Lake Whitefish (Coregonus clupeaformis) species pairs exist in a small number of northern temperate lakes in North America. Sympatric populations of dwarf and normal-sized whitefish represent a continuum of morphological and genetic divergence among these lakes. In this study, we used morphological and age data to assess the status of the Lake Whitefish species pair in Como Lake, Ontario (Canada). Whitefish were collected with gill-nets from spawning shoals during the fall of 2012 and 2014 and compared with archived (circa 1989) dwarf and normal-sized specimens. Our study indicates that the two previously collected forms have been replaced by a single form with a different morphology and age structure. In comparison to archived specimens, contemporary Lake Whitefish were larger, deeper-bodied and older; with more gill rakers, lateral line scales, smaller eyes and a wider interorbital width. We hypothesize that the recent invasion of Como Lake by Spiny Waterflea (Bythotrephes longimanus) has affected whitefish growth rates and changed the ecosystem conditions that previously maintained the species pair.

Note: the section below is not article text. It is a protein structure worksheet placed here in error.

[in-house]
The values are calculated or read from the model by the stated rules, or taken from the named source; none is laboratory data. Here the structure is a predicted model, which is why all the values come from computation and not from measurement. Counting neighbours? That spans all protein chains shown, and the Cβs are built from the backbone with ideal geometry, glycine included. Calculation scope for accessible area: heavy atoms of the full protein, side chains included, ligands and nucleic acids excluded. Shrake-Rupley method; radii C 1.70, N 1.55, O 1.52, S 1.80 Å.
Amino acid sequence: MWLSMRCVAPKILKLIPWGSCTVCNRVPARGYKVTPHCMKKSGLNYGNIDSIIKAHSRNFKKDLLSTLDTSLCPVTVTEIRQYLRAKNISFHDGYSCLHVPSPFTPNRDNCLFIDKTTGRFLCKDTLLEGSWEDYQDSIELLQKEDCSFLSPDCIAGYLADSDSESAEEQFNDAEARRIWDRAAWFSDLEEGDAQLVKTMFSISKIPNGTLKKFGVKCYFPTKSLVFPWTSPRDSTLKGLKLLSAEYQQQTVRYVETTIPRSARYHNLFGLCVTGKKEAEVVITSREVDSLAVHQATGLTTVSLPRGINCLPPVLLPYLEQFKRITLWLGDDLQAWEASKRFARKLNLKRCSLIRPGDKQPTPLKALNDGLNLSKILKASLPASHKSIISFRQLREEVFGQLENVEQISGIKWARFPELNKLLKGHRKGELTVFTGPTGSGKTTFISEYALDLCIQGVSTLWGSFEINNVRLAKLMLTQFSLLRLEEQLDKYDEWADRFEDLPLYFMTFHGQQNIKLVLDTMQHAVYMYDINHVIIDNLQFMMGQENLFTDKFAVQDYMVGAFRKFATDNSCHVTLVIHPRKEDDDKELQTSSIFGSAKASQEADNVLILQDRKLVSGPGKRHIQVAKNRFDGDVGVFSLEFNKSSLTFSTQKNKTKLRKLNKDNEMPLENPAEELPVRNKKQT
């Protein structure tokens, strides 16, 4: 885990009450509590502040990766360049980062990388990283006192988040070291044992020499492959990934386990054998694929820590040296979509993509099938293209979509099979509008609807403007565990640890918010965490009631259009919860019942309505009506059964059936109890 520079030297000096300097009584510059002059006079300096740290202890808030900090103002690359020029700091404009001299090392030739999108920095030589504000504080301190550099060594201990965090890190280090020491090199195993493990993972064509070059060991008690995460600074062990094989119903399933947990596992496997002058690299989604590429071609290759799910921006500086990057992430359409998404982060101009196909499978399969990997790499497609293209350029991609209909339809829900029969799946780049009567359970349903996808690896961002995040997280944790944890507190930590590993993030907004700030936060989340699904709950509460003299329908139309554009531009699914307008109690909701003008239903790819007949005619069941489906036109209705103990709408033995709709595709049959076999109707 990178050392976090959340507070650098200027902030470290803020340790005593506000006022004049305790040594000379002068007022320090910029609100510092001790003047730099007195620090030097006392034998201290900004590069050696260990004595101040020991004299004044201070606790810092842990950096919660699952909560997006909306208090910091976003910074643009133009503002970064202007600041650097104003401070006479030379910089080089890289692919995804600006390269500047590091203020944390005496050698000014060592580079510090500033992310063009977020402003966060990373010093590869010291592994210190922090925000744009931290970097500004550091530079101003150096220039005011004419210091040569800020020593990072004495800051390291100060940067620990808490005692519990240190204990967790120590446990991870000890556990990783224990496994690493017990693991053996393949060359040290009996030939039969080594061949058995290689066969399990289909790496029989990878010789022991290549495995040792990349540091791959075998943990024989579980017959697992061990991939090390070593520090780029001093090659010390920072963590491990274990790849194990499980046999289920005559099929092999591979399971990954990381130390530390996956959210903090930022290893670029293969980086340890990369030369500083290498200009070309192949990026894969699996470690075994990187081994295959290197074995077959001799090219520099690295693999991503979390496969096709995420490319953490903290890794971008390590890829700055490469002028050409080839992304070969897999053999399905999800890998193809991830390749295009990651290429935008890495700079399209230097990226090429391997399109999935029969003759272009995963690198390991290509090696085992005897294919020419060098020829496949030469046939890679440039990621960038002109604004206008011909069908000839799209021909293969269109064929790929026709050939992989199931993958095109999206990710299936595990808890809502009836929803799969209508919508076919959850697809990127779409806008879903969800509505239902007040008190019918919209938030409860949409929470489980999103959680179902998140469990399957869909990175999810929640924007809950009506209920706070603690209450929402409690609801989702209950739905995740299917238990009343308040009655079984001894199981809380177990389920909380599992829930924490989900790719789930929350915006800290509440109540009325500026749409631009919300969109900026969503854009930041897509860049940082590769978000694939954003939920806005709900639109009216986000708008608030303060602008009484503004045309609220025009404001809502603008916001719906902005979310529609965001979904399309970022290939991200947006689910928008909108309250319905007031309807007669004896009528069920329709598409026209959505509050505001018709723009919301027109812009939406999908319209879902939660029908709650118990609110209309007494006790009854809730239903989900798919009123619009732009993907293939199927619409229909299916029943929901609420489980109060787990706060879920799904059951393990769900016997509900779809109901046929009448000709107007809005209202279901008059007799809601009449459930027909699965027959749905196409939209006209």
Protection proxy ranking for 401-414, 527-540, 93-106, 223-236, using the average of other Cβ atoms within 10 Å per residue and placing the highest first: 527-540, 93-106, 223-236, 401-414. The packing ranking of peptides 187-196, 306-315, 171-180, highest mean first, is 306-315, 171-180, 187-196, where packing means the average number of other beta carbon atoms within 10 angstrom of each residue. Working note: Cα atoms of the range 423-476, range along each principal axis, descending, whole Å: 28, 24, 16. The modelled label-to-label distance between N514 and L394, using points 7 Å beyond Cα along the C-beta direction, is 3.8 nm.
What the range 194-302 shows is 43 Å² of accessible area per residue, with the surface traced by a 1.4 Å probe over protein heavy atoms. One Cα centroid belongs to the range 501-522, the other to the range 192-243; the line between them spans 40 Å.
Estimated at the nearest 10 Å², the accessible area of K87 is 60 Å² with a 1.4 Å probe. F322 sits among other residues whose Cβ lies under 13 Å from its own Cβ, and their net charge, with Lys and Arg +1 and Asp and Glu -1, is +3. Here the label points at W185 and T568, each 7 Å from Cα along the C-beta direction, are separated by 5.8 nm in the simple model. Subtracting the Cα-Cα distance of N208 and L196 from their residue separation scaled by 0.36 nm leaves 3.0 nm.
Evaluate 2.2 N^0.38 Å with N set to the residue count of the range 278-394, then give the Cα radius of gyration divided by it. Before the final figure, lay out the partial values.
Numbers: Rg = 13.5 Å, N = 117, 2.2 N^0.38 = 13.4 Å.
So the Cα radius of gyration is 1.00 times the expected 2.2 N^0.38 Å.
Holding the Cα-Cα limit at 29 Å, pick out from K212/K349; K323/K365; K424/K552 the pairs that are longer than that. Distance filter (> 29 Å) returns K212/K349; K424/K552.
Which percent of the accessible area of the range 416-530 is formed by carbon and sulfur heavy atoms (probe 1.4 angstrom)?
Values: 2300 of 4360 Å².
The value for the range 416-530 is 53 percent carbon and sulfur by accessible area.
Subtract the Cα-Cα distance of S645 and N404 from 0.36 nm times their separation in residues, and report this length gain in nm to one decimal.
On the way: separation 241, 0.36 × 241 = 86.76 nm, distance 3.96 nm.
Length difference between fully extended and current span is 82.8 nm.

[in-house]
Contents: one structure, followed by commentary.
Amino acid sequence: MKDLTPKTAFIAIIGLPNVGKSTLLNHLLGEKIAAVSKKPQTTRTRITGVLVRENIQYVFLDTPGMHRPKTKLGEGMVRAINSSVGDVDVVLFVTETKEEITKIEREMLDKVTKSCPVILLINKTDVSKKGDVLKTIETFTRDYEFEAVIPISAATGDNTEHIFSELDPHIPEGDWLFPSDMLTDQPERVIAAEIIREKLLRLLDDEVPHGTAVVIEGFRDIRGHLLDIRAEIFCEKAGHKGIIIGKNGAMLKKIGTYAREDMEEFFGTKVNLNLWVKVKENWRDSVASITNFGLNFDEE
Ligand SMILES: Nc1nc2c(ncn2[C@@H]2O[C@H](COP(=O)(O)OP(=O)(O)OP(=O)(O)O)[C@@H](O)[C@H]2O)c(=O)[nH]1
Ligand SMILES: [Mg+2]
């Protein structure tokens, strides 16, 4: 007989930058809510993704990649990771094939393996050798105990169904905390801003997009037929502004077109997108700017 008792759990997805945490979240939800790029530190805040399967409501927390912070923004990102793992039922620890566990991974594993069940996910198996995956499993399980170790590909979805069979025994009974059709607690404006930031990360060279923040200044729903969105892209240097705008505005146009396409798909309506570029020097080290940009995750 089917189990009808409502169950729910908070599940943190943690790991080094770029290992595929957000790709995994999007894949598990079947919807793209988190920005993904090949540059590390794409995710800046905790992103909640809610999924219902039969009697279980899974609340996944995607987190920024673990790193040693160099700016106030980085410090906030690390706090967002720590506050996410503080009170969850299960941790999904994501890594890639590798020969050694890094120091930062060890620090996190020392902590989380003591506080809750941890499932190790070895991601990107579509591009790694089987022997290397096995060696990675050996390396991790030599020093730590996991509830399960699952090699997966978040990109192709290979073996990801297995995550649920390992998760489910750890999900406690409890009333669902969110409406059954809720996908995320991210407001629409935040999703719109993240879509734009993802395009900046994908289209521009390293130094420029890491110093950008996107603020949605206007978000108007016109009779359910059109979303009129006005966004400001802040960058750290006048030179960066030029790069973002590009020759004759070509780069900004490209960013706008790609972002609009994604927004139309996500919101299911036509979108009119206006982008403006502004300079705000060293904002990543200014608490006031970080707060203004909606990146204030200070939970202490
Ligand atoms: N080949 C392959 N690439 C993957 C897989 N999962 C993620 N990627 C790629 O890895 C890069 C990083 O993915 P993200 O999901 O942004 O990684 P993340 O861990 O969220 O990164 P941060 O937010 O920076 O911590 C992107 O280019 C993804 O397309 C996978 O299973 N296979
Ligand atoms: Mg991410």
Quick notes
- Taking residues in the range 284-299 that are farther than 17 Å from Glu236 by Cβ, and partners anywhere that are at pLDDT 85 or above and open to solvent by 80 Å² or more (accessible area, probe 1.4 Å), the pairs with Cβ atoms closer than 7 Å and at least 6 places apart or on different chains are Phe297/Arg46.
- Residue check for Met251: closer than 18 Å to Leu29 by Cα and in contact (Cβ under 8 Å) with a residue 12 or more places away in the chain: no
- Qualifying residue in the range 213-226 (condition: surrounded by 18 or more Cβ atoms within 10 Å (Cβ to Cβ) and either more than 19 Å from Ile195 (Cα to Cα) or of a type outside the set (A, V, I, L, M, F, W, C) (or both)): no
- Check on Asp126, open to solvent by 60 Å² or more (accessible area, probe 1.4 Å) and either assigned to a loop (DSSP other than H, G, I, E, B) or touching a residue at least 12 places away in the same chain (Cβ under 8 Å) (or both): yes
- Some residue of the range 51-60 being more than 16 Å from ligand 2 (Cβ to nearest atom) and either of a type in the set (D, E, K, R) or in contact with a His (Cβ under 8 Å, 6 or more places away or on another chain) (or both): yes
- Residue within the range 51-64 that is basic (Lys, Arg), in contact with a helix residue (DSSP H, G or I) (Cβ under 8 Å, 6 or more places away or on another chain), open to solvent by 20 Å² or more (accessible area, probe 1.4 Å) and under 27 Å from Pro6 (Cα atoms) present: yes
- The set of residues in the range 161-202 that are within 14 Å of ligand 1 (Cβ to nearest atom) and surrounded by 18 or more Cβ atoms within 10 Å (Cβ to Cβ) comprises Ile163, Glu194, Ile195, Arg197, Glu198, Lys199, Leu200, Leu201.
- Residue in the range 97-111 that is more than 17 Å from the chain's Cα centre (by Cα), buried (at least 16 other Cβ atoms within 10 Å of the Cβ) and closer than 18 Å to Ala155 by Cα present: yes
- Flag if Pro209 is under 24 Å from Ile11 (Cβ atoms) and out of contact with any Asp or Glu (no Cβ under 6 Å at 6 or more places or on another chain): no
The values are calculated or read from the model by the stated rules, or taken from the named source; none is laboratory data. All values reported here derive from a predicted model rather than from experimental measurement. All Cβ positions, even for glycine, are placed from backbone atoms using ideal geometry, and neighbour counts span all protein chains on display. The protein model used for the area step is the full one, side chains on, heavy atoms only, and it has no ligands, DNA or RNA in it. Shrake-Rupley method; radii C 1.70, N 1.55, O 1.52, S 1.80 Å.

Relatif à l'orbite ou à l'oeil.